Grace in parenting is training and doing the hard work of correction and discipline when the children are young so that we can enjoy a friendship and relationship based on similar values when our children are older.  Ask the Lord to show you if your parenting is founded on grace.  If you still aren’t sure and you have older children, try asking them some probing questions to ascertain if you have grace in your parenting.

~Tim

Confrontation

Father and son

Paul tells the church at Galatia about his confrontation with Peter.  It must have been a big deal!  Paul observed how Peter acted one way around Jews and another way around non-Jews.  Paul knew this was wrong and talked to Peter about it face to face.  When Jesus rebuked his followers or even those who sought to follow him, he did so face to face.  Paul was only following the pattern that he observed in the life of Jesus.

Parenting provides more than enough opportunities to follow Paul’s pattern of face to face confrontation.  Usually for me, confronting is more like choosing my battles.  Since we have a bunch of kids there always seems to be an attitude to address, a scuffle to break up, or a character flaw to deal with.  Years ago I heard a popular author discuss emotional deposits and withdrawals.  His thesis was that you could not make an emotional withdrawal (correction or even input) to someone until you had made a deposit.  A deposit would be a compliment or encouragement you would share with someone.  In building relationships, one of the ways you earn trust is to encourage one another.  Hopefully as fathers we are encouraging our kids.  They need lots of affirmation and positive comments about who they are and also about God’s love and admiration towards them.  As fathers especially, we need to be cheerleaders for our kids.  “You can do it! That a boy, I knew you had it in you!” are all phrases our children should hear from us regularly.  As we make these “deposits” it is like depositing money in a bank account.  Once I have made some “deposits” we are ready to make a withdrawal when needed without being overdrawn.  The apostle Paul often did this in his writings.  He began his letters with affirmation and words of love and admiration and then rebuked those he was writing to.  If I constantly rebuke my children without affirming them, I can get way overdrawn emotionally in their heart.  Balance is critical when it comes to giving correction versus giving praise.  As dads we oftentimes forget to praise our children, but we are usually quick to point out their weaknesses and problems.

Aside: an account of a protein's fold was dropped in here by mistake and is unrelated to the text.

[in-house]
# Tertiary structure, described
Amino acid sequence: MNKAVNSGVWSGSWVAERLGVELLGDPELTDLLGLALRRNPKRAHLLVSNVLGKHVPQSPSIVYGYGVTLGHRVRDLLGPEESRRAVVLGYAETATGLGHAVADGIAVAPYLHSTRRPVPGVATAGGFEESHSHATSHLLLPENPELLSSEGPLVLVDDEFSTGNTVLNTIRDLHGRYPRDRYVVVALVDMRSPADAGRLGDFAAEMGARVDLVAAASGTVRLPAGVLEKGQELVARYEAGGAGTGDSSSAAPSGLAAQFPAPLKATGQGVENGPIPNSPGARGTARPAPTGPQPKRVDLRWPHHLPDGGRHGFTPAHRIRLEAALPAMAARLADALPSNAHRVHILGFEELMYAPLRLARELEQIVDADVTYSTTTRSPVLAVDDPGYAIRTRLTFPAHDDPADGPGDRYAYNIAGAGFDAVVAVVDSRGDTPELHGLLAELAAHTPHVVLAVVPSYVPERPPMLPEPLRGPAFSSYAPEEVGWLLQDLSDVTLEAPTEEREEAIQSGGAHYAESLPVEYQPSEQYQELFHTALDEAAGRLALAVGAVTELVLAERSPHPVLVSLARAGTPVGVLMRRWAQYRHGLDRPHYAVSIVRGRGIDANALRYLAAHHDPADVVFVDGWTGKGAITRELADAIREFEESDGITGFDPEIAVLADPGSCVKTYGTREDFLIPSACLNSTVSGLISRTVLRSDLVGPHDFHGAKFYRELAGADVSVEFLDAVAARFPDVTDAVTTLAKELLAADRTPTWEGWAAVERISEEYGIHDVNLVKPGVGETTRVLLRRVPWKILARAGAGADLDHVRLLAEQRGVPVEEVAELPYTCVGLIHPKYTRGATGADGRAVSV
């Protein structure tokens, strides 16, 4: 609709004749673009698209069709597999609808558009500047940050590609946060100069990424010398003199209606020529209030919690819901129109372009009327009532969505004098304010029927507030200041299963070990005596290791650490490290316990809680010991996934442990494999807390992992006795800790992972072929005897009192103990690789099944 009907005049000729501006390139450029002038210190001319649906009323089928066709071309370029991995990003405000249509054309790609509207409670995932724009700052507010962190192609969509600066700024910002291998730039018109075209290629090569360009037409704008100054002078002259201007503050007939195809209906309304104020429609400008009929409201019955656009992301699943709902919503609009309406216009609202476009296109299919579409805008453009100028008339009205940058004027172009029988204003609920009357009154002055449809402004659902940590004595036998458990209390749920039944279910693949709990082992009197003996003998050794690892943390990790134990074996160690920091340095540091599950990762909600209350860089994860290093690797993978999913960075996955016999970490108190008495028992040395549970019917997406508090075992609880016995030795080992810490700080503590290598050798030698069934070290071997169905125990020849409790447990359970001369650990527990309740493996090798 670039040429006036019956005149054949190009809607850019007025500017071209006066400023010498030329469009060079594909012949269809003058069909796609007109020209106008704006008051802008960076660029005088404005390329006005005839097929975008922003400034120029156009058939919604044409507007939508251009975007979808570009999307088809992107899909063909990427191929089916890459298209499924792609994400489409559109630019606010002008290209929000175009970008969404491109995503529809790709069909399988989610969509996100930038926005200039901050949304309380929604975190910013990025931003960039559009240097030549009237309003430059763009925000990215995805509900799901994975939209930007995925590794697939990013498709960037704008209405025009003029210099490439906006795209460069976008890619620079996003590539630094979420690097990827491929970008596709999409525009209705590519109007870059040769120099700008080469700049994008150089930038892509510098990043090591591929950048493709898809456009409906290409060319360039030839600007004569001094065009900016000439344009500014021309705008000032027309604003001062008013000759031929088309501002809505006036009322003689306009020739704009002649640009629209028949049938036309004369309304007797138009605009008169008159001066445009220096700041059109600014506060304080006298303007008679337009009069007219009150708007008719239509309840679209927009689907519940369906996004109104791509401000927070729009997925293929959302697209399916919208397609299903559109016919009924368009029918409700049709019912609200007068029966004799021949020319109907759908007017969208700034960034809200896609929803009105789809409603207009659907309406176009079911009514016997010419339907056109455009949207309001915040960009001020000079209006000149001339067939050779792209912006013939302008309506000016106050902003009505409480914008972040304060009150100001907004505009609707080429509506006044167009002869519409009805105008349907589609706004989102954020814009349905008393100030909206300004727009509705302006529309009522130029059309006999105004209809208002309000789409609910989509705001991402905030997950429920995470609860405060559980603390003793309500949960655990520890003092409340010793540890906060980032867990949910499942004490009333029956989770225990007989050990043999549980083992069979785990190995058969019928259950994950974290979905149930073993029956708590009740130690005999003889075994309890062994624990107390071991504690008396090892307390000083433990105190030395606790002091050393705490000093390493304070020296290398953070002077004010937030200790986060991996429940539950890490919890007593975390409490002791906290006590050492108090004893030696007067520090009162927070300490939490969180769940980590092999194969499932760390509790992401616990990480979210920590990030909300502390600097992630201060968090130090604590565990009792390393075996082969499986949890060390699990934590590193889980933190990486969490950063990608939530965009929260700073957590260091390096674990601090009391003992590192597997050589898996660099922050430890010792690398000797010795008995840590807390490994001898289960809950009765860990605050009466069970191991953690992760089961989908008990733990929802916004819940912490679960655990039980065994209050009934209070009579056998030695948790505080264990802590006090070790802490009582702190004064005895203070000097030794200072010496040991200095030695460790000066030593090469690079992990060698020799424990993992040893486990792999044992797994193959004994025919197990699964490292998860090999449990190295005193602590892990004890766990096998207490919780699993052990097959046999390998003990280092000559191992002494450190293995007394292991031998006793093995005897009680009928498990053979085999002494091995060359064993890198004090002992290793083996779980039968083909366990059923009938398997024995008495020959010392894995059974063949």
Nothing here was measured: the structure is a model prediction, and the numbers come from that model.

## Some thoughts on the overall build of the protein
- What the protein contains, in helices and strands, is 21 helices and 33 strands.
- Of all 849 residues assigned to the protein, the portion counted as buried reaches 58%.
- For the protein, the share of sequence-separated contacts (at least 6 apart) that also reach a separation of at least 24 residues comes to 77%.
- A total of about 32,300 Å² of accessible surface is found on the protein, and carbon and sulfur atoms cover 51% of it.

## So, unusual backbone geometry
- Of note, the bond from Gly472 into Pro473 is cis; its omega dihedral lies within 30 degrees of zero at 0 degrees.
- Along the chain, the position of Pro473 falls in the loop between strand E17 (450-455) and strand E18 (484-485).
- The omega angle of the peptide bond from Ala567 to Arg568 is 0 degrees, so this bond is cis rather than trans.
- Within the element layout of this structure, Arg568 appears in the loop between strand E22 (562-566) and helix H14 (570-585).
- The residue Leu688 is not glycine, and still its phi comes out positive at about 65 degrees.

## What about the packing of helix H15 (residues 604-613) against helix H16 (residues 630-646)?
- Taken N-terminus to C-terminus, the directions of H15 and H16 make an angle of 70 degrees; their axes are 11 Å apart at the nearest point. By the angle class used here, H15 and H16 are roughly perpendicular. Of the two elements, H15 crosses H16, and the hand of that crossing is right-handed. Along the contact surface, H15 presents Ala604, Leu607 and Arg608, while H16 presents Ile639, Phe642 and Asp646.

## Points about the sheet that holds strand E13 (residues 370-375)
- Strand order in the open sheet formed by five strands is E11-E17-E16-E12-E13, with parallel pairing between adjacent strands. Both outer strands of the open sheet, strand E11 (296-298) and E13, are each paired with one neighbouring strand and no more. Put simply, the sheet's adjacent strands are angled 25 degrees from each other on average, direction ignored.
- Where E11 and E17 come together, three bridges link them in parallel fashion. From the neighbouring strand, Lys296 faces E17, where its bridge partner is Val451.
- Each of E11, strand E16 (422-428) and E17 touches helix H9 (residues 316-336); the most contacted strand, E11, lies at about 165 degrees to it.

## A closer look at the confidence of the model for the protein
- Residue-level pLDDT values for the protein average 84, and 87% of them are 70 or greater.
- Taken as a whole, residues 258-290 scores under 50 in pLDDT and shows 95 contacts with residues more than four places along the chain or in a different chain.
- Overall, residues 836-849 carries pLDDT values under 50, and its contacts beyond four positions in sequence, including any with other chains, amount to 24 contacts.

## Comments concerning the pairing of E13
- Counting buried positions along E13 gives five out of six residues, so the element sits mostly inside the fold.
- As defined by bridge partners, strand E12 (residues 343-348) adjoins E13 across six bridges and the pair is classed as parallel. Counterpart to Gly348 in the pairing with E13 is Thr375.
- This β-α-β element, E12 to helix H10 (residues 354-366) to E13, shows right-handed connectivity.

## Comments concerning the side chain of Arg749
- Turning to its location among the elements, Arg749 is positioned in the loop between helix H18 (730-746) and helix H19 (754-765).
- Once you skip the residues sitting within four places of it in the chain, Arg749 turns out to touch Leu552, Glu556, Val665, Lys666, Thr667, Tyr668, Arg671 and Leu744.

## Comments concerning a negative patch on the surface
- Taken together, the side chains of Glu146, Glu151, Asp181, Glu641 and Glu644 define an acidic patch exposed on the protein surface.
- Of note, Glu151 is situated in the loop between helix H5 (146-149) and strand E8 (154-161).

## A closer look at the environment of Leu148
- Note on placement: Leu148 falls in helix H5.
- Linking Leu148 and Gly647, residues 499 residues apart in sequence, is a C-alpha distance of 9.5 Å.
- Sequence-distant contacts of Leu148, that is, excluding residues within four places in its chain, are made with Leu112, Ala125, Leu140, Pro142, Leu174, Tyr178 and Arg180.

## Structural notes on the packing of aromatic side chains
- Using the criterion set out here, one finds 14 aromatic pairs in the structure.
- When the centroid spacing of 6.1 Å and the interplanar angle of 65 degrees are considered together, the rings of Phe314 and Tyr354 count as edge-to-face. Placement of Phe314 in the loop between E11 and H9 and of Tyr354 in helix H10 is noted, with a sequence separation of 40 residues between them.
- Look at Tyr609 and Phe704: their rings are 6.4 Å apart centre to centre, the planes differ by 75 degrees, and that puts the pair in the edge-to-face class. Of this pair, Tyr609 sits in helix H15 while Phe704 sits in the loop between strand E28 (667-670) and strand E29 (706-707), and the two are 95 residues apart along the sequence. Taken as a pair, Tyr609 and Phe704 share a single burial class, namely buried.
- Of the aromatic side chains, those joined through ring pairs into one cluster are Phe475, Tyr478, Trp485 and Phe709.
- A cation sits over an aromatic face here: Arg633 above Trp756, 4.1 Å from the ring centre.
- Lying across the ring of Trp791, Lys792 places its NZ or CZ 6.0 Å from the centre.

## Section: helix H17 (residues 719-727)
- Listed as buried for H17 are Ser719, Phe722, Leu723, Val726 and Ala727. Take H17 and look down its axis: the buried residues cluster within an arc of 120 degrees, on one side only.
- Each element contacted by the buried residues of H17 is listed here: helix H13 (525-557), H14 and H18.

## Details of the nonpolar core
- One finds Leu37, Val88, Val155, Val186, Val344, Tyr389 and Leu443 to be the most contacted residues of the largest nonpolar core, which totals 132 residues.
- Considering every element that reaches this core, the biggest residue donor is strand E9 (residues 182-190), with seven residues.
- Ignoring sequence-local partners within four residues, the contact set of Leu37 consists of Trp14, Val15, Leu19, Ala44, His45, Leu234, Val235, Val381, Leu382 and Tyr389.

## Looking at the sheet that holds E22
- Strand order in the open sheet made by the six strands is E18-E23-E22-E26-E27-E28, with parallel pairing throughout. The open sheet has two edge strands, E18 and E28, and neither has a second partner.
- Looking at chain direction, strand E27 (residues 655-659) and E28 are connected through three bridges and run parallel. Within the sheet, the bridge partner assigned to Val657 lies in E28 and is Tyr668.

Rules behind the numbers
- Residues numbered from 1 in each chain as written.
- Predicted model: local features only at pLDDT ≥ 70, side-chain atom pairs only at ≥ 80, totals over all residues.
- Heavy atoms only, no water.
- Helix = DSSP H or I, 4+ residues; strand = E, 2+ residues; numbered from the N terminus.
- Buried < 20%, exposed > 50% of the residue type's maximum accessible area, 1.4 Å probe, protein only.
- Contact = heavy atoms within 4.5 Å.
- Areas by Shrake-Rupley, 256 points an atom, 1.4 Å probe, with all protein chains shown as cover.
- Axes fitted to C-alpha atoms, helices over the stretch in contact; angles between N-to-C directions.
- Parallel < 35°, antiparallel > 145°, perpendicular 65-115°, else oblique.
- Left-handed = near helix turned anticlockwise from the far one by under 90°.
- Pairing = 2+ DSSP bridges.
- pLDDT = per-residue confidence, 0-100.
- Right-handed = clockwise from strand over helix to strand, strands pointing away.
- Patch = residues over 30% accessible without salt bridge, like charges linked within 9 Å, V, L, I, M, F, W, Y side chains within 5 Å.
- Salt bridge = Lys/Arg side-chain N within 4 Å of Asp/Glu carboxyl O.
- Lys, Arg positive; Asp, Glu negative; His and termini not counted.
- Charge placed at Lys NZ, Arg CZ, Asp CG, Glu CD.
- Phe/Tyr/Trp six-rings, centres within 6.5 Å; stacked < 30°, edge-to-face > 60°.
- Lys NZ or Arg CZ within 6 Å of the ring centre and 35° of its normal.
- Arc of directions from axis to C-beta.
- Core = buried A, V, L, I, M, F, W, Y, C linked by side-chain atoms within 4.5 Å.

When we need to correct and discipline our children, it is very important that we rebuke them in love.  Fortunately, I don’t ever remember my dad or mom disciplining me in anger.  I am sure I made them angry, but when it came to spanking me or chastising me they didn’t do it in anger.  Most of us have heard story after story of fathers going off and hurting their child in some angry tirade.  Get a handle on your anger before you discipline your child.  Let love constrain you from flying off the handle and doing something you will regret later.  You can be stern and clear with your discipline if you have demonstrated to your child how much you love them.  The “deposits” you’ve made will allow you to discipline your children and they will walk away knowing you love them.   When I discipline my children I try to be clear about the sin they are being disciplined for.  Secondly, once the spanking or correction is over, pray with them and help them repent of their sin.  Finally, I hug them and tell them I love them.  The last thing I want them to do is walk away and leave them feeling condemned.  They need to feel the sting of discipline and correction without the guilt and condemnation the enemy tries to put on them.

~Tim